Microsoft's C++ bigotry - Page 21


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Thread: Microsoft's C++ bigotry

  1. #301
    Mike Mitchell Guest

    Re: Microsoft's C++ bigotry

    On Fri, 24 Jan 2003 10:01:09 -0000, "Gary Nelson" <gn@contanet.es>
    wrote:

    >I think that's what we are all saying. How can I get up to speed in .net if
    >I have to spend most of the time in VB6?


    Well, the short answer is, I think, you can't! It's a choice. And that
    is the problem. This morning I received the Feb 2003 issue of Visual
    Systems Journal (www.vsj.co.uk) in which the editorial includes:

    <quote>
    "Windows programmers are being asked to change their model of the
    universe, and they are being sold this idea as something to do with
    XML and Web Services. This is verging on the laugable."
    </quote>

    There is only a certain amount of time in the day and all the while
    programmers have to do a particular job just to keep their heads above
    water, they're not going to be able to allocate time to learning
    something quite different. Even evening classes are done well away
    from work, after one has gone home for a couple of hours (at least),
    had a chance to relax a bit and take the dog for a walk. One needs to
    spend 100% of one's mental resources when learning something new and
    if the commitment (let alone a valid reason) isn't there, then failure
    or confusion is almost inevitable. That is yet another reason why the
    decision to replace VB with VB.Net was daft, as it just doesn't allow
    a seamless, gradual changeover. It's all or nothing from the moment
    you make the decision to switch.

    MM

  2. #302
    Mike Mitchell Guest

    Re: Microsoft's C++ bigotry

    On Fri, 24 Jan 2003 09:59:28 +1100, Jason Sobell iGadget
    <igadget_@hotmail.com> wrote:

    >A new phrase "the .Netizenry"? Defined as "All who do not despise VB.NET"?


    Like the citizenry, but owned by MS....!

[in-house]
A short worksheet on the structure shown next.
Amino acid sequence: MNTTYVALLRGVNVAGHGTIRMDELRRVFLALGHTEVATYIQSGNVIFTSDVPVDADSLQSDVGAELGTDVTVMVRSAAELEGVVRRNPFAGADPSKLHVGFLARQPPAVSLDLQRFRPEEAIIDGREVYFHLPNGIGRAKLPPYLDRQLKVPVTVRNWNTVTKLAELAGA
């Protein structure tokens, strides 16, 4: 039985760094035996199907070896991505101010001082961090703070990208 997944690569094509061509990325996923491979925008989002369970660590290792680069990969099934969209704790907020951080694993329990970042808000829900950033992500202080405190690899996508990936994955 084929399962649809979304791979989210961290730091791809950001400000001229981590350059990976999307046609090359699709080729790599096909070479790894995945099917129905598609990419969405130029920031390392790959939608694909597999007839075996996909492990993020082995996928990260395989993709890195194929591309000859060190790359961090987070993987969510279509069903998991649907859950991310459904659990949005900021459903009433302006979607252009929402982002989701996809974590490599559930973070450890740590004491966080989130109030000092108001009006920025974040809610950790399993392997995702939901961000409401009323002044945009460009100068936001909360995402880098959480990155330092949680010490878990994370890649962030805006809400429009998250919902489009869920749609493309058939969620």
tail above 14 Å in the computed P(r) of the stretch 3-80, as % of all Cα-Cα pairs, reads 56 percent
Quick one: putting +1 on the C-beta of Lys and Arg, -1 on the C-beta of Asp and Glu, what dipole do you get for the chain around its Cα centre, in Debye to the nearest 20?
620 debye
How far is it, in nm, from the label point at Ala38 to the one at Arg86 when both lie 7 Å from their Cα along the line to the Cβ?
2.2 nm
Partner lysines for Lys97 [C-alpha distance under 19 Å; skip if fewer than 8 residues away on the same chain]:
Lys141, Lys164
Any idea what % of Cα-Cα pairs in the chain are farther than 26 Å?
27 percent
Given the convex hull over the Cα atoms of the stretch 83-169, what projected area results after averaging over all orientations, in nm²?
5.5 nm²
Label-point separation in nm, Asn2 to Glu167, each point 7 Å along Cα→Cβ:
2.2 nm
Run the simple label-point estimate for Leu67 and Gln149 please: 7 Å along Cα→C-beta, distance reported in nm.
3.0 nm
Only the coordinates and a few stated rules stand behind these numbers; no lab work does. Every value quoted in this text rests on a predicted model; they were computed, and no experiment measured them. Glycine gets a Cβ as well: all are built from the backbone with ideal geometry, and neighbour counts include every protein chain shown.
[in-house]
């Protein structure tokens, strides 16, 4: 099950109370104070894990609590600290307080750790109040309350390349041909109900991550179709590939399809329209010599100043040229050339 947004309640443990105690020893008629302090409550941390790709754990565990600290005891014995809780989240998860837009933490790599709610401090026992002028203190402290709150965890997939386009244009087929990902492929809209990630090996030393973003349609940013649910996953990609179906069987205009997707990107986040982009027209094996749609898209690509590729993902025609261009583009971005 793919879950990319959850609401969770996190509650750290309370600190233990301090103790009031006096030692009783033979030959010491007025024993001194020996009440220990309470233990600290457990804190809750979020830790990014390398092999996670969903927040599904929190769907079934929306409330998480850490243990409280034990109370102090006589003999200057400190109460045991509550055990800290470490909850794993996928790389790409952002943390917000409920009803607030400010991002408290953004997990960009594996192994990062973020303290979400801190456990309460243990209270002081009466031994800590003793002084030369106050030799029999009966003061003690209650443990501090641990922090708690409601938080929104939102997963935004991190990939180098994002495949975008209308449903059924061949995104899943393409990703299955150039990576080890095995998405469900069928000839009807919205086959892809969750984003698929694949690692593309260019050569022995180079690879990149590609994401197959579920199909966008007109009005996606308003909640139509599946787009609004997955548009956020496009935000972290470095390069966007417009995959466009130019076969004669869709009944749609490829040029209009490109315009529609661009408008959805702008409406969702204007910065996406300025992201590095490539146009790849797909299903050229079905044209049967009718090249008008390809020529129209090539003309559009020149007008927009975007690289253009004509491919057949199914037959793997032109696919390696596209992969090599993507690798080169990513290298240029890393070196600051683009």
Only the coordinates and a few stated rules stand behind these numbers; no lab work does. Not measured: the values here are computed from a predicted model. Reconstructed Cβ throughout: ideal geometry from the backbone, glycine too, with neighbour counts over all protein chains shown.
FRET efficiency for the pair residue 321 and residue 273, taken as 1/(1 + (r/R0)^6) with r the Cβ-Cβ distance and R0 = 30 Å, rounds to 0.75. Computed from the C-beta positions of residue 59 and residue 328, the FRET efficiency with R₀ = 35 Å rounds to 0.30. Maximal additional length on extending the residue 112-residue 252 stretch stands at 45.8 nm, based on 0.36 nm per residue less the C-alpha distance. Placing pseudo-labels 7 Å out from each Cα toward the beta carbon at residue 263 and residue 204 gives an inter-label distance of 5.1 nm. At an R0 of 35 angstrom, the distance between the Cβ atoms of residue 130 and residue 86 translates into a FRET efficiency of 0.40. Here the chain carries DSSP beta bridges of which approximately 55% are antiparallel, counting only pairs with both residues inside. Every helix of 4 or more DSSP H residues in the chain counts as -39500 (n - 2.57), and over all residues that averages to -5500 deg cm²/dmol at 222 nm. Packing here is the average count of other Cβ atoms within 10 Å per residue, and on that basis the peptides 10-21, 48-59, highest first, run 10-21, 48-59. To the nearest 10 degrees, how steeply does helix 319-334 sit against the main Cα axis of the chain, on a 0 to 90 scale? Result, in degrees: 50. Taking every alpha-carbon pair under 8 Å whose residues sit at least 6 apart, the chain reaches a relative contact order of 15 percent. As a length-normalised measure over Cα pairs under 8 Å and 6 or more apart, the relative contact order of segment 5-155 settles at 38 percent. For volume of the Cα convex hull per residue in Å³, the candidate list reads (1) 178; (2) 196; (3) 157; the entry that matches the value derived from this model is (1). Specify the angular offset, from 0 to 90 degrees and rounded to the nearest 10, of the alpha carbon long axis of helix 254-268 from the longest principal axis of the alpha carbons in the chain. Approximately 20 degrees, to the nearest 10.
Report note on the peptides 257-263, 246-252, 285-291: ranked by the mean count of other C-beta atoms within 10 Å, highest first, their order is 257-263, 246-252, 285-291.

MM

  3. #303
    Mark Hurd Guest

    Re: Microsoft's C++ bigotry

    Mike Mitchell wrote:
    > On Thu, 23 Jan 2003 13:23:53 +1030, "Mark Hurd"
    > <markhurd@ozemail.com.au> wrote:
    >
    > > It *is* a good excuse to rewrite your code, if you can afford it. And,
    > > yes, I expect you'll use less code to produce the same or better result,
    > > but then I'd expect any competent programmer to solve the problem better
    > > the second time around, even if they used VB6 again.

    >

    <SNIP valid description of a common scenario that corresponds to why a company
    cannot afford to rewrite.>

    I said the above because many people defending (selling) .NET say that they're
    pleased with the result of upgrading to .NET because they've got a better
    program with less code. I believe the .NET Framework is a reason for that, but
    so is the fact that you're rewriting the program -- re-solving the problem.

    Regards,
    Mark Hurd, B.Sc.(Ma.) (Hons.)



  4. #304
    Larry Serflaten Guest

    Re: Microsoft's C++ bigotry

    "Gary Nelson" <gn@contanet.es> wrote
    > > Adding a class...

    >
    > Classes are very useful, but are very different from Gosub
    >
    > Using a class for something like that is overkill, plus it converts a very
    > simple structure (Gosub) into something much more comples (a class)



    Then use a standard module. You are using Gosub because it is
    convenient, not because it is needed. VB has a lot of 'convenient'
    features that should not show up in a well written program....

    LFS




  5. #305
    Paul Clement Guest

    Re: Microsoft's C++ bigotry

    On Thu, 23 Jan 2003 20:38:29 -0000, "Jonathan West" <jwest@mvps.org> wrote:


    "Dave" <dave_doknjas@yahoo.ca> wrote in message
    news:3e304d64$1@tnews.web.devx.com...

    > Well... the "first make it work, then make it work well" principle is
    usually
    > applied to code in early development, prior to official release, but I
    guess
    > that's not Microsoft's approach.

    Historically, it's usually been v3 of a product before Microsoft has been
    able to make it work right.

    What I do find interesting though is how Paul shuffles between "its only
    version 1 of a new product, you can't expect much of it" and "its not a new
    language, its an upgrade to an existing one" according to the nature of the
    point he's wanting to answer.

    No shuffling. It's the first version of the next generation of the product just as Visual Basic was